Russia to UK at the United Nations: “Give Up on Colonial Habits”

Of all the recent farcical sessions of the UN Security Council to have transpired in recent years, today’s was one of the most surreal. The UN Security council had initially opted to hold a private meeting to discuss what in a saner circumstance would be a localised police issue in a quiet leafy city in England. Instead, along with truly global issues like the suffering of occupied Palestine, nuclear proliferation and international war, it is being discussed at the United Nations. Perhaps next week, the UN can discuss the problem of expensive taxis in Paris or the lack of Peruvian restaurants in Ulaanbaatar. This is not to make light of the fact that three people are injured due to a mysterious poisoning, but the fact remains that it is a local rather than an international incident. Unless some international element of the crime is discovered which thus far, it has not, it will ultimately remain a matter of local law enforcement. It is of great relevance that it was Russia which demanded the meeting be open to the public so that the world could see just how absurd the statements from the UK and US would be. Russia was right – there was plenty of absurdity on display.

But if it wasn’t enough for the UK to demand a meeting of the Security Council to discuss a local police issue, once the UK envoy at the meeting got down flushing the presumption of innocence down the drain, it was US Ambassador Nikki Haley’s turn. While the issue at hand was the poisoning of a former British spy of Russian origin, his daughter visiting from Moscow and a local police officer who fell ill while searching the initial victim’s house, for Nikki Haley, it was also about Syria and North Korea.

Haley launched into a tirade of baseless allegations regarding the use of chemical weapons by the Syrian government, while failing to mention that the Syrian Arab Army discovered a chemical warfare laboratory in formerly Takfiri terrorist occupied territory, just days ago. She also failed to mention that Syria agreed to have all of its chemical weapons removed in 2013, under an agreement co-signed by both Russia and the United States. She also predictably failed to mention that the only reason Syria ever developed chemical weapons in the first place was because it required a cost effective deterrent to the nuclear weapons of the neighbouring Zionist regime – a regime that refuses to declare its illegal weapons officially, but whose mouthpieces boast about in technically unofficial capacities. Her statements about the supposed DPRK assassination of a distant relative of the current North Korean head of state, were thrown in for good measure. Haley then somehow implied that Russia is responsible for both – how, is anyone’s guess.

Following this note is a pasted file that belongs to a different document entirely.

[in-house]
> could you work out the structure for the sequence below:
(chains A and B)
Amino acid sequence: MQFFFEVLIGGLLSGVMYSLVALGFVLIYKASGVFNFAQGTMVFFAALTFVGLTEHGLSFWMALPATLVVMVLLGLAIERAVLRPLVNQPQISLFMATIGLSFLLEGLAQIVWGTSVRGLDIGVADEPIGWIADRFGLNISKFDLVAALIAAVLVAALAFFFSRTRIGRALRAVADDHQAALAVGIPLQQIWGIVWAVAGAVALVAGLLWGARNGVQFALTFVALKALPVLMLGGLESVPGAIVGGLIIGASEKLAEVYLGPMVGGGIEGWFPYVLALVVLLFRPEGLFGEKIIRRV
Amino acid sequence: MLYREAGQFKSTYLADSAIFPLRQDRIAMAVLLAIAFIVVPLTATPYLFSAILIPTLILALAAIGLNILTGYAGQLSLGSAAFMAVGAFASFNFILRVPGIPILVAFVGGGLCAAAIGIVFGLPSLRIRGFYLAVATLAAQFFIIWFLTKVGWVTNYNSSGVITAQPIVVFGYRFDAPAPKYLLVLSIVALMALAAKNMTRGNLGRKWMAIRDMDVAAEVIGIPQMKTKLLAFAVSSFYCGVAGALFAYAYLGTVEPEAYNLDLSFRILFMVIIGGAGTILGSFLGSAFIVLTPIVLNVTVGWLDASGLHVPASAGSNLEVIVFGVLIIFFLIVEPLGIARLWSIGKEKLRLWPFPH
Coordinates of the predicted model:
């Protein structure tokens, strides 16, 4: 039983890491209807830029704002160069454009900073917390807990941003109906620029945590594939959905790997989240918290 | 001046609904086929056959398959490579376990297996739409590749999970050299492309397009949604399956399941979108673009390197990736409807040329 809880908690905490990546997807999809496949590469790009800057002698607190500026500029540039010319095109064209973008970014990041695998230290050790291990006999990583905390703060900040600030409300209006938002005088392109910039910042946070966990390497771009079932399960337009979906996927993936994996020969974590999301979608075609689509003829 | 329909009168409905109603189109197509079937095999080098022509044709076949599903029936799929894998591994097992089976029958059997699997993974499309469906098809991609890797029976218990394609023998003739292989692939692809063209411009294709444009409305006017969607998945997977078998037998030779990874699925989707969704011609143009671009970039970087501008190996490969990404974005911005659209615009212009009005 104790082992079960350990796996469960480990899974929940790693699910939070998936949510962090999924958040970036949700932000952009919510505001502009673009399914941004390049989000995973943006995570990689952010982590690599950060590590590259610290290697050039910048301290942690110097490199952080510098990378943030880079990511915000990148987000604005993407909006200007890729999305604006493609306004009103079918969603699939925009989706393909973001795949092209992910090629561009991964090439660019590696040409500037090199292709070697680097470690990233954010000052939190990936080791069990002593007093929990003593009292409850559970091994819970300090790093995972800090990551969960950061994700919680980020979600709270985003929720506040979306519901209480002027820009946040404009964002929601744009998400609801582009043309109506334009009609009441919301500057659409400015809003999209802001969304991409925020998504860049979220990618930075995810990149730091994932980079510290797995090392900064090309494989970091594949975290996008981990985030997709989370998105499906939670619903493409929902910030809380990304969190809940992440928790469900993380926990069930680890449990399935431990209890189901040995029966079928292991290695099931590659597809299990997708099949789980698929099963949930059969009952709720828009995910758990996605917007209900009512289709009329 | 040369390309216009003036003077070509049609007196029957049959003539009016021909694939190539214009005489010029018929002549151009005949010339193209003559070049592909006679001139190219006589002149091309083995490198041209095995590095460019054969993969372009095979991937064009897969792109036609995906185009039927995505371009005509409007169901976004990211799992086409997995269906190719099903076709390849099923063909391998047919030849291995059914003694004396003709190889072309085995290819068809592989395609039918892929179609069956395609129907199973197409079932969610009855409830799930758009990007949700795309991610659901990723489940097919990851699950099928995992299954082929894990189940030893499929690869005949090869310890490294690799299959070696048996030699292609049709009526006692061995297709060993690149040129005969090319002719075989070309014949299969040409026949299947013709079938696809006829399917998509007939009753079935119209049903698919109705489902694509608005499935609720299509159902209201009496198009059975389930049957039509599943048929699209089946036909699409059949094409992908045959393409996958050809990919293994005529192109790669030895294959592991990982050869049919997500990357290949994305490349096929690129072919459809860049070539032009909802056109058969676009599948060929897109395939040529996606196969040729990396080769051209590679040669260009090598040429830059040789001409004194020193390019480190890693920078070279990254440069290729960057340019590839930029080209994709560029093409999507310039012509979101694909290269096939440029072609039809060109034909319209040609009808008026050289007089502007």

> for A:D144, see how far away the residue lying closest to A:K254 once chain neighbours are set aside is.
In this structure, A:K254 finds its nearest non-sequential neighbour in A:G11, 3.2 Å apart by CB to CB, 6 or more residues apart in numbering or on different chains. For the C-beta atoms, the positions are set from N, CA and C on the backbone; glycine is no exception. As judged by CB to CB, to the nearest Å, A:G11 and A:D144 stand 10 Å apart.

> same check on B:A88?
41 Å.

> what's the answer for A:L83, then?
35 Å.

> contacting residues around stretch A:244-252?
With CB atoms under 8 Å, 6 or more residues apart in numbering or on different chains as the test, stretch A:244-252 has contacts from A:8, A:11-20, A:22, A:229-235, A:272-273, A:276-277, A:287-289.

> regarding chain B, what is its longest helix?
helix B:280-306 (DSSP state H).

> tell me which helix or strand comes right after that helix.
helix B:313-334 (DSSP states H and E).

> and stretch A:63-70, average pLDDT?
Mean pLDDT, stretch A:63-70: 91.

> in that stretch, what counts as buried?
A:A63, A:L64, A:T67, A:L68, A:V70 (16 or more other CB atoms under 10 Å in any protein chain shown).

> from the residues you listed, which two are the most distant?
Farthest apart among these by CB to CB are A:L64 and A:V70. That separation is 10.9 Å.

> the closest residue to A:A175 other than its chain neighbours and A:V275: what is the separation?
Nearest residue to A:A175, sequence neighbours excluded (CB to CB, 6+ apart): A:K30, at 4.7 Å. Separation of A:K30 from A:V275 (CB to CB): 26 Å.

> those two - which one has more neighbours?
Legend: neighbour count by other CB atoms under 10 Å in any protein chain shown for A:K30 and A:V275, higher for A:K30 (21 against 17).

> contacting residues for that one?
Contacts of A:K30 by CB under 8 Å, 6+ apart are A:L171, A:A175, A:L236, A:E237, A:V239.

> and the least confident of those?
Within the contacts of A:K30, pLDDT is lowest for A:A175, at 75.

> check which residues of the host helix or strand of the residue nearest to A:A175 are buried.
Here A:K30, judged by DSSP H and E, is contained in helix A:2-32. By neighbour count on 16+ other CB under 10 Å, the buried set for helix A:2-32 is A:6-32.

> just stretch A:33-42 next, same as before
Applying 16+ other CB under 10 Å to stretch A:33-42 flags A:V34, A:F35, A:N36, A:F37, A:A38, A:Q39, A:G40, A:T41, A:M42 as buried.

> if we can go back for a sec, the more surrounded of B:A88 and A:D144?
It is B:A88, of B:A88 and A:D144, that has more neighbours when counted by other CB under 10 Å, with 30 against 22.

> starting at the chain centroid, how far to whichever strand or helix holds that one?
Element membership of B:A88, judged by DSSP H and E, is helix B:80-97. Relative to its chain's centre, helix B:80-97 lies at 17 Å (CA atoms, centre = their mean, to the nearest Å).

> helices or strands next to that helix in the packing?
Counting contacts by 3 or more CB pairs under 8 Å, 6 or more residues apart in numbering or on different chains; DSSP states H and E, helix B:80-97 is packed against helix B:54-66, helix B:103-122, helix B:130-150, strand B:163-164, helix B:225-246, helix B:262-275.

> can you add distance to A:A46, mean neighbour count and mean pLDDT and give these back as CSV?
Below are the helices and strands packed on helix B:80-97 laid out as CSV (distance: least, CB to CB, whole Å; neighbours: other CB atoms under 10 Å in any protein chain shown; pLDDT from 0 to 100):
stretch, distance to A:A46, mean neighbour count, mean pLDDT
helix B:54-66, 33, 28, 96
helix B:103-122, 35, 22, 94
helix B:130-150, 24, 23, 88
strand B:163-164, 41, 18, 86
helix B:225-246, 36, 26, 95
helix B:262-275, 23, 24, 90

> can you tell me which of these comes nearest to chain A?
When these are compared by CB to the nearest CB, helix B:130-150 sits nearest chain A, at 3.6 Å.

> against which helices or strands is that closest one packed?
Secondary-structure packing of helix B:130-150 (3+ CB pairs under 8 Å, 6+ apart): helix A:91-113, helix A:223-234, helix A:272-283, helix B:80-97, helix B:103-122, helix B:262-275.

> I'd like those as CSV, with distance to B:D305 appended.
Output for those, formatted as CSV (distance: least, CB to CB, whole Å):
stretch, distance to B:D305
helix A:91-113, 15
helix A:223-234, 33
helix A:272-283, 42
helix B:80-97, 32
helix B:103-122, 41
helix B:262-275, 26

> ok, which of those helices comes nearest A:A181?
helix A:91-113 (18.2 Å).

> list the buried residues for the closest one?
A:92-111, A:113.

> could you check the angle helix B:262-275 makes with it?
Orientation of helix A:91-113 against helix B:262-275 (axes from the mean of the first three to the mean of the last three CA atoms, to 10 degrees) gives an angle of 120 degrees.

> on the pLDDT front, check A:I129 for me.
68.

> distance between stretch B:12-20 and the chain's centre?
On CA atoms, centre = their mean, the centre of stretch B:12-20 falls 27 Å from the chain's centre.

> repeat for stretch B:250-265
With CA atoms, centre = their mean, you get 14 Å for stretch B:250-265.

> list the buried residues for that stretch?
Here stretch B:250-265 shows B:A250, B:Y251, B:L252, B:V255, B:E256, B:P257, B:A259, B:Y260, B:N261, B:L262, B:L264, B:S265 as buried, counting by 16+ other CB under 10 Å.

When Russian Ambassador to the UN Vasily Nebenzya spoke, he first of all dispelled the notion that the fact the USSR developed the alleged poison in question somehow proves culpability. Nebenzya reminded the Security Council that since 1992, Russia began the dismantling of its chemical weapons programme and as part of this agreement, Moscow shared previously confidential formulas for various chemical substances, including with the US and its partners. In any case, the formula for the chemical substance allegedly used in the Skripal incident is public knowledge and is available to anyone who purchases a book by a man called Vil Mirzayanov. His book incidentally retails for $30.

While the UK is implying that it does not have the formula for the alleged poison, Ambassador Nebenzya reminded the Security Council that according to the scientific method, in order for UK investigators to positively identify a substance, one would need the chemical formula for the alleged substance as well as a control sample to measure against that which was found in the victim. The clear implication is that either the UK has access to the Novichok poison or otherwise, it cannot be entirely sure if this was even the substance which led to the illness of Skripal, his daughter and a police detective.

Nebenzya lamented that the nation which produced the author Arthur Conan Doyle, has become more like his incompetent character Inspector Lestrade, rather than the more studious Sherlock Holmes. He further stated that the UK and others must “give up on colonial habits”, which he correctly said were throwbacks to the 19th century and un-befitting of the 21st.

When all is said and done, what should have been a police investigation that could have then been supervised by international parties to the Organisation for the Prohibition of Chemical Weapons, has become a neo-imperial farce, where countries like the UK and US are throwing around racist stereotypes about Russia in order to force Russia to prove its innocence in a matter where no guilt can reasonably be assigned without a great deal more investigation.

This is ultimately what it boils down to – a former empire criticising a current superpower for something they had no motive to carry out.

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